By Daniel Maude (Dan is a MRes student at the University of Sussex and produced this outstanding report as part of his research. It gives a really nice overview of what natural disturbance is and why it is important. Restoring natural disturbance regimes is a key goal in rewilding which is why we wanted to share it here. You can follow Dan on Twitter here: @DanMaude_90 )
Ongoing anthropogenic ecosystem changes have caused a substantial reduction in global biodiversity. With it comes the insidious loss of ecological processes, including the often-underappreciated effects of natural disturbance. Disturbance is a fundamental process influencing the coexistence of species and structure of diverse ecological communities. The sources of natural disturbances are themselves diverse, yet of particular note is the importance of disturbance mediated by large mammals. Such species create abiotic and vegetational heterogeneity through their biological, ecological, and behavioural functions, in turn influencing nutrient cycles, floral regeneration, primary productivity, community structure, and ecosystem resilience and resistance. Considerable evidence now highlights that without such processes environments can become increasingly uniform, thus reducing the niche space available to sustain diverse communities.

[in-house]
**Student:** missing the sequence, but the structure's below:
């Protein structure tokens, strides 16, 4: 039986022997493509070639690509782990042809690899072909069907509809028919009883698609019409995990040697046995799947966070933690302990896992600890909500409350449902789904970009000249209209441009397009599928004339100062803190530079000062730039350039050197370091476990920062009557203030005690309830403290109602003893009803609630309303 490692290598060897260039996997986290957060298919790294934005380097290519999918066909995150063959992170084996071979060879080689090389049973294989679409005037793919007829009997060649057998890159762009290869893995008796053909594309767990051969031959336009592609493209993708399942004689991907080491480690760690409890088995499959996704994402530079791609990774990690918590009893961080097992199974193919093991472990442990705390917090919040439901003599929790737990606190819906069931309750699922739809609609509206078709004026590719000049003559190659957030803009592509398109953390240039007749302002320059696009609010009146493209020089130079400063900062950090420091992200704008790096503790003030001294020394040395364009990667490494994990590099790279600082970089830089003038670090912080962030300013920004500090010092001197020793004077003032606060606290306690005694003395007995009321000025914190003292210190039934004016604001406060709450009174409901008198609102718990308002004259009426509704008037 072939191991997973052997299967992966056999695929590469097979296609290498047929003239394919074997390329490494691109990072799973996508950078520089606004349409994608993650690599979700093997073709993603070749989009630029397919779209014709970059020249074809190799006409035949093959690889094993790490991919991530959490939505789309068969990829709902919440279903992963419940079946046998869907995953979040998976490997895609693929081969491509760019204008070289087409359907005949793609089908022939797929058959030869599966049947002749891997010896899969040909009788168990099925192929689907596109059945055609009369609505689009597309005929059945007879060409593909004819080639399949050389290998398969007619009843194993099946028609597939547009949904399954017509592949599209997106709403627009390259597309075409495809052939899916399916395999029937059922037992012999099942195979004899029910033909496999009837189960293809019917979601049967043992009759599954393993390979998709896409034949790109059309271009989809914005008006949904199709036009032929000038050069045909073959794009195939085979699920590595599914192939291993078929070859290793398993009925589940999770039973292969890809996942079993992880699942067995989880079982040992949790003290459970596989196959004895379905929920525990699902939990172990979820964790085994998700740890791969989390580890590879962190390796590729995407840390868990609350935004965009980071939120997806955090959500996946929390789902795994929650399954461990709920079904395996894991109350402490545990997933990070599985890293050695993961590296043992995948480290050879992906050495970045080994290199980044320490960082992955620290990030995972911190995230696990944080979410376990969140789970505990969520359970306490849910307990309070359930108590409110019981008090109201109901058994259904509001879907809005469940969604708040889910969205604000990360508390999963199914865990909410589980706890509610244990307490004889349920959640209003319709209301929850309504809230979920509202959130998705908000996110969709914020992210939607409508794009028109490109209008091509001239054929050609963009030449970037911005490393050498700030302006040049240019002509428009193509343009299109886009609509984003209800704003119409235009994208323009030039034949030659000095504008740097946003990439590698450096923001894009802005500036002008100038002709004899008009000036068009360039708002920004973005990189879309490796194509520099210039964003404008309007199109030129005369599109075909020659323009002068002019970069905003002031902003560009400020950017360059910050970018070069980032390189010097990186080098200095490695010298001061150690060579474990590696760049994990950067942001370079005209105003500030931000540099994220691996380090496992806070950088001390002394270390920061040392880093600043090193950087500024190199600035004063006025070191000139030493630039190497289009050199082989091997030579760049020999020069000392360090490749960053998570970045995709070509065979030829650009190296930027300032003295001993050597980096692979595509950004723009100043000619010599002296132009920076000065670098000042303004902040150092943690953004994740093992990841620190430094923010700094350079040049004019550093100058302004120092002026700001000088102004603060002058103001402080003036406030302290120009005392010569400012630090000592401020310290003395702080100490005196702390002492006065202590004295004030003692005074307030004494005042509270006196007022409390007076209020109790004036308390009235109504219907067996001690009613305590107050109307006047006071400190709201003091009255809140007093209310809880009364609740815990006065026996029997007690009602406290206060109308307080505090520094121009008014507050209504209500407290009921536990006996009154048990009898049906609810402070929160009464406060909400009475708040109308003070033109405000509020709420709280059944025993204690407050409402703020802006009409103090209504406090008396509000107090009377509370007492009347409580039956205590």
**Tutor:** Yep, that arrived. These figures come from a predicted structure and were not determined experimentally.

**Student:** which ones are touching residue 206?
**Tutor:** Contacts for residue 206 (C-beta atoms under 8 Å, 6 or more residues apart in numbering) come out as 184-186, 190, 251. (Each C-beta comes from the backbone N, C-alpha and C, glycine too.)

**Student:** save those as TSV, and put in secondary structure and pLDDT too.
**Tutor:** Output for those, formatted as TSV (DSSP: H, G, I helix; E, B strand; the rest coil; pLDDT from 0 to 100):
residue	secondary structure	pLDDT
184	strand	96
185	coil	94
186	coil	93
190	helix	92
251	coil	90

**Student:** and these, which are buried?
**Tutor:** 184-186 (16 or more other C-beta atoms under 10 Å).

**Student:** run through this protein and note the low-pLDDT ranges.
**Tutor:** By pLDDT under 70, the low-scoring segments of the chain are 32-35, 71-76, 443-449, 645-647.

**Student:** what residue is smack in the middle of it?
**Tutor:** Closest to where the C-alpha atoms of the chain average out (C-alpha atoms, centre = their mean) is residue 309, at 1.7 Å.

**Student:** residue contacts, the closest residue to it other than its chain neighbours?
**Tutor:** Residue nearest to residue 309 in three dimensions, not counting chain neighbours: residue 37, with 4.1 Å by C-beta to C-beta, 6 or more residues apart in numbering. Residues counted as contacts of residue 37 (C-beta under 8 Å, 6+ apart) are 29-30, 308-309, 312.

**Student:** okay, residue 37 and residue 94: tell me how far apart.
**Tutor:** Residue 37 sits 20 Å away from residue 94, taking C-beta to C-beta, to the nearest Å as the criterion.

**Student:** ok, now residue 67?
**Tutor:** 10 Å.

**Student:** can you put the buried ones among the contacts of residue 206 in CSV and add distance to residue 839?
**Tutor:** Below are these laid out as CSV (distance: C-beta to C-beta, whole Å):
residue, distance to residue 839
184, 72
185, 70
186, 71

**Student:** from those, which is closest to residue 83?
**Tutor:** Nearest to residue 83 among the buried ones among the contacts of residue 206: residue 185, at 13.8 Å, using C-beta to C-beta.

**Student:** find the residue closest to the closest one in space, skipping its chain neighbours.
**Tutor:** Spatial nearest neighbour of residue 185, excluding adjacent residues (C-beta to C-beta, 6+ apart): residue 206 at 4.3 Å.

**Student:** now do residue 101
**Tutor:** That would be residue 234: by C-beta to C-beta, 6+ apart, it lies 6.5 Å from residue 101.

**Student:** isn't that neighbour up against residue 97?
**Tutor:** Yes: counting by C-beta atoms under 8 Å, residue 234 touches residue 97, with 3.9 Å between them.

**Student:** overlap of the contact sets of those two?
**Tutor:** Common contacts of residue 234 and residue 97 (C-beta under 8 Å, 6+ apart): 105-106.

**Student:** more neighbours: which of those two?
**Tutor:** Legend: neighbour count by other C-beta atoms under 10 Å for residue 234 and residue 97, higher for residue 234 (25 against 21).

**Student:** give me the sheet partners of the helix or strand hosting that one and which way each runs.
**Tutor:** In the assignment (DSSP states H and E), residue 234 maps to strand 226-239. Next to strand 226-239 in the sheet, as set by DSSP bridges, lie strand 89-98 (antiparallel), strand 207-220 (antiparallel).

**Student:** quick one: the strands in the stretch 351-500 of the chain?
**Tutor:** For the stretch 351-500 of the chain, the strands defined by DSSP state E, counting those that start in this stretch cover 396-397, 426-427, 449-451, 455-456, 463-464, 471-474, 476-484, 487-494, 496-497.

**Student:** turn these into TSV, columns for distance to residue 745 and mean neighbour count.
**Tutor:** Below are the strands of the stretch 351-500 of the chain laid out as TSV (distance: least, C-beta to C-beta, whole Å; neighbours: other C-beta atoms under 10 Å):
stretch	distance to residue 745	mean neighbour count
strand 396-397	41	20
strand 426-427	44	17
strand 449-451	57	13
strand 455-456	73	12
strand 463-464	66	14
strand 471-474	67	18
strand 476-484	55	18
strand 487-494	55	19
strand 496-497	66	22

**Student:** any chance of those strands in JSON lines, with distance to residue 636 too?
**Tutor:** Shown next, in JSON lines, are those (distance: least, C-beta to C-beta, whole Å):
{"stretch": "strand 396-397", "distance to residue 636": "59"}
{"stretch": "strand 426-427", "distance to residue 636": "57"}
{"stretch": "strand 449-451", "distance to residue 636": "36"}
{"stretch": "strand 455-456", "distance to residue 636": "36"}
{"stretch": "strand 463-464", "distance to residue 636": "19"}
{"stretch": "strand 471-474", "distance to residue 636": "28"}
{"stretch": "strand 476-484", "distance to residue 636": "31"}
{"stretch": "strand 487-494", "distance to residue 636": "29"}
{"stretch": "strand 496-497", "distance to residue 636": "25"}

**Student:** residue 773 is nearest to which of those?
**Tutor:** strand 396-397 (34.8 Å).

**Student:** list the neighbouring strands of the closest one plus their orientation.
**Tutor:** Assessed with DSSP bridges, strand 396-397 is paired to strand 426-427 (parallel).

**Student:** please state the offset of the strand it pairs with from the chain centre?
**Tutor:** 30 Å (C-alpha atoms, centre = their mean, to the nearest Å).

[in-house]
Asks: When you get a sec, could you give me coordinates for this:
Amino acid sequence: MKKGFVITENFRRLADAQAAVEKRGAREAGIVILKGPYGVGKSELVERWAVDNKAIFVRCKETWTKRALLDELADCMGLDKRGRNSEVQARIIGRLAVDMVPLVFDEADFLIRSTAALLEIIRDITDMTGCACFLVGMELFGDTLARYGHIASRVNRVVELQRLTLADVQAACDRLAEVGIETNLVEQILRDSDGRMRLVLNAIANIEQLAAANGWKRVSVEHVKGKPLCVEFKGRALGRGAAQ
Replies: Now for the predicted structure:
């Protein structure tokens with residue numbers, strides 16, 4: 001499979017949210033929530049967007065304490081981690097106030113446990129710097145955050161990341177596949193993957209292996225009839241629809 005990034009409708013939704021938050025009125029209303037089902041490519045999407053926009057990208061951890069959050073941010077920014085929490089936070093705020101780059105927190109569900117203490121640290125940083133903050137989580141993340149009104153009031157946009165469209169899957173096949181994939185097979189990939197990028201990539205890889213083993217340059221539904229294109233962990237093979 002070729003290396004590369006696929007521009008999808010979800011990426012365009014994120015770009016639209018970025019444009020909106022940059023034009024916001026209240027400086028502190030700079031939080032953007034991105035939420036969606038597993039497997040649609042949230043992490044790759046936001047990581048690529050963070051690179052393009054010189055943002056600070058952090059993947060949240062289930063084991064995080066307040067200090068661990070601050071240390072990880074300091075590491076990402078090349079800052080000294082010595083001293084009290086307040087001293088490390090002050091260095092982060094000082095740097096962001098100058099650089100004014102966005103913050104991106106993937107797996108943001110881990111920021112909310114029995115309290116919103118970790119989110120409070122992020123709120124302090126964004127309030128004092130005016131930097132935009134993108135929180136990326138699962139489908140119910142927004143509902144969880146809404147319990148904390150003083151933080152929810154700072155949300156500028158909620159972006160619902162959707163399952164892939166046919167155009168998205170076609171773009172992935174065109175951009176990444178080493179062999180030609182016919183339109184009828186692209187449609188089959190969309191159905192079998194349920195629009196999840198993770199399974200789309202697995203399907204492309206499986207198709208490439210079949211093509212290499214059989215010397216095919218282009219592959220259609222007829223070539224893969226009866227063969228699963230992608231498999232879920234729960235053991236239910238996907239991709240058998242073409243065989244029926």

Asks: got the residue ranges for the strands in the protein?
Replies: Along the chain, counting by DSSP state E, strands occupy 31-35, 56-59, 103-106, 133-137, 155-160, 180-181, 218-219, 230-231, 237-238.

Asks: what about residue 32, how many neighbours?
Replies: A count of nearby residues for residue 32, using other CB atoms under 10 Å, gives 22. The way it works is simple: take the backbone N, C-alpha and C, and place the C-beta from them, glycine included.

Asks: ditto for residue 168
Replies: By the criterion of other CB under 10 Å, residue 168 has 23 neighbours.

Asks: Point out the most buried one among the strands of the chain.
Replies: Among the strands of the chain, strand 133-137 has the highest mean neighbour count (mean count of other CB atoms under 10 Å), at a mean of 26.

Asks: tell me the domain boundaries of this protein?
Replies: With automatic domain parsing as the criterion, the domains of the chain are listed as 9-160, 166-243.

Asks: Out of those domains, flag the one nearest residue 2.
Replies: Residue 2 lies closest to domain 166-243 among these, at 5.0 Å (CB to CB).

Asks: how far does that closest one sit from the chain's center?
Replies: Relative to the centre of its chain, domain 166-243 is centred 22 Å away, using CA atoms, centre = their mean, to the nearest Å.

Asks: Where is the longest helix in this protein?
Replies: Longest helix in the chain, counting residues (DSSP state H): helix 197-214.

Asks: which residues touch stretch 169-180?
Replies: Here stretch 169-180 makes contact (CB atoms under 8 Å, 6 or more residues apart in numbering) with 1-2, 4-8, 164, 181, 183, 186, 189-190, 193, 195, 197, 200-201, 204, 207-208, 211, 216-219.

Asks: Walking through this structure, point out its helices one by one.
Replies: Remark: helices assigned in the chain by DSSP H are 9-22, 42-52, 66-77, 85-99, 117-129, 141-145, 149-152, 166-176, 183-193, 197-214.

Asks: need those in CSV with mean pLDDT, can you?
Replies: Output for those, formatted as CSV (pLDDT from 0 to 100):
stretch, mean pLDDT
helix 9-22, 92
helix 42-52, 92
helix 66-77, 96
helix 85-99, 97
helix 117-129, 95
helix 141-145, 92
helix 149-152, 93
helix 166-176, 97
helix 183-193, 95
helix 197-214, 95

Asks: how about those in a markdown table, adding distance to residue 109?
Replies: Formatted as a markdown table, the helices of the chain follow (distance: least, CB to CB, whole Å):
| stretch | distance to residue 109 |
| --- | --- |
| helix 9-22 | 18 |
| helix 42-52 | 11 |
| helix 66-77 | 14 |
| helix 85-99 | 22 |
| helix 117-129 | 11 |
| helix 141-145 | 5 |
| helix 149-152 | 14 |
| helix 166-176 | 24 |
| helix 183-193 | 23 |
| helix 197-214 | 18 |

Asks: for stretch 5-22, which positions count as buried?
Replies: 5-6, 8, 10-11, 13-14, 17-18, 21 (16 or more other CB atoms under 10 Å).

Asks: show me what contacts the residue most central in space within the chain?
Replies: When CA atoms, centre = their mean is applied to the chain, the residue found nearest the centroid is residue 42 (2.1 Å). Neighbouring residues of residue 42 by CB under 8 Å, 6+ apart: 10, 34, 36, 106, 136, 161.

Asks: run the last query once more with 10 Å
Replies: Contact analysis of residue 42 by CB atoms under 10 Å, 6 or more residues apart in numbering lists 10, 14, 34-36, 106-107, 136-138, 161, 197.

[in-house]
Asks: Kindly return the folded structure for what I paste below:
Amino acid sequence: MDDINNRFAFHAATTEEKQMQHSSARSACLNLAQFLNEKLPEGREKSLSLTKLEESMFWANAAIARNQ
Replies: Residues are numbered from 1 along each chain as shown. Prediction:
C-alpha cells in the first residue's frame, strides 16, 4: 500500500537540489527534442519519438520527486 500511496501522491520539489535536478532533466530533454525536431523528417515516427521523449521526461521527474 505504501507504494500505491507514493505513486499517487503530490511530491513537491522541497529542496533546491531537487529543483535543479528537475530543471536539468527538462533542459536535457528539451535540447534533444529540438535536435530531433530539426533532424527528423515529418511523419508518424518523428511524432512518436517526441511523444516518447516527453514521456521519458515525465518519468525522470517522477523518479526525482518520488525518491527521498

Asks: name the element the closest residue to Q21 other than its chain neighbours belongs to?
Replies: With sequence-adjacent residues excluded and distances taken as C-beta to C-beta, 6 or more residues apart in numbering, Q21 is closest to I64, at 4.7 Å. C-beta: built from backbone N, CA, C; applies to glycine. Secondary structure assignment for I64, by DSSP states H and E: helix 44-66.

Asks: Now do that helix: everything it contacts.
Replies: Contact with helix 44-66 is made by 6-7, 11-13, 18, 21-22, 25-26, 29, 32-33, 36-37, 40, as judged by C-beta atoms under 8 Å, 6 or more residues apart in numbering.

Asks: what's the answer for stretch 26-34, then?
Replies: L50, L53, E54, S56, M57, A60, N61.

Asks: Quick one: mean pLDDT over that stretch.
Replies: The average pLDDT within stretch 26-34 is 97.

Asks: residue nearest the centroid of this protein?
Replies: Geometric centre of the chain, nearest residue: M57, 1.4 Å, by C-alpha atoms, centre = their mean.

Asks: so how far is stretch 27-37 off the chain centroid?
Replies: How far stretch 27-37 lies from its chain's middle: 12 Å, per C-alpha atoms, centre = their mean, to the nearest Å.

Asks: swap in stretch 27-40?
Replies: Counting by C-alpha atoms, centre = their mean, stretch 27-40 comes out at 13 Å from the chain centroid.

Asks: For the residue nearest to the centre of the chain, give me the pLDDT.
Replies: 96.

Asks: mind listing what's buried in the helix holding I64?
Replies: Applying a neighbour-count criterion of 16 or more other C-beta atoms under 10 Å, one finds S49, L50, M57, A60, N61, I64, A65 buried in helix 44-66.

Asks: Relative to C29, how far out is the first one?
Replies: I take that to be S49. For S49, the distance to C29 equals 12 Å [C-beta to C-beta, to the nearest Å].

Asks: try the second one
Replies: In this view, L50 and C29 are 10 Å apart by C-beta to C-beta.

A Loss of Natural Processes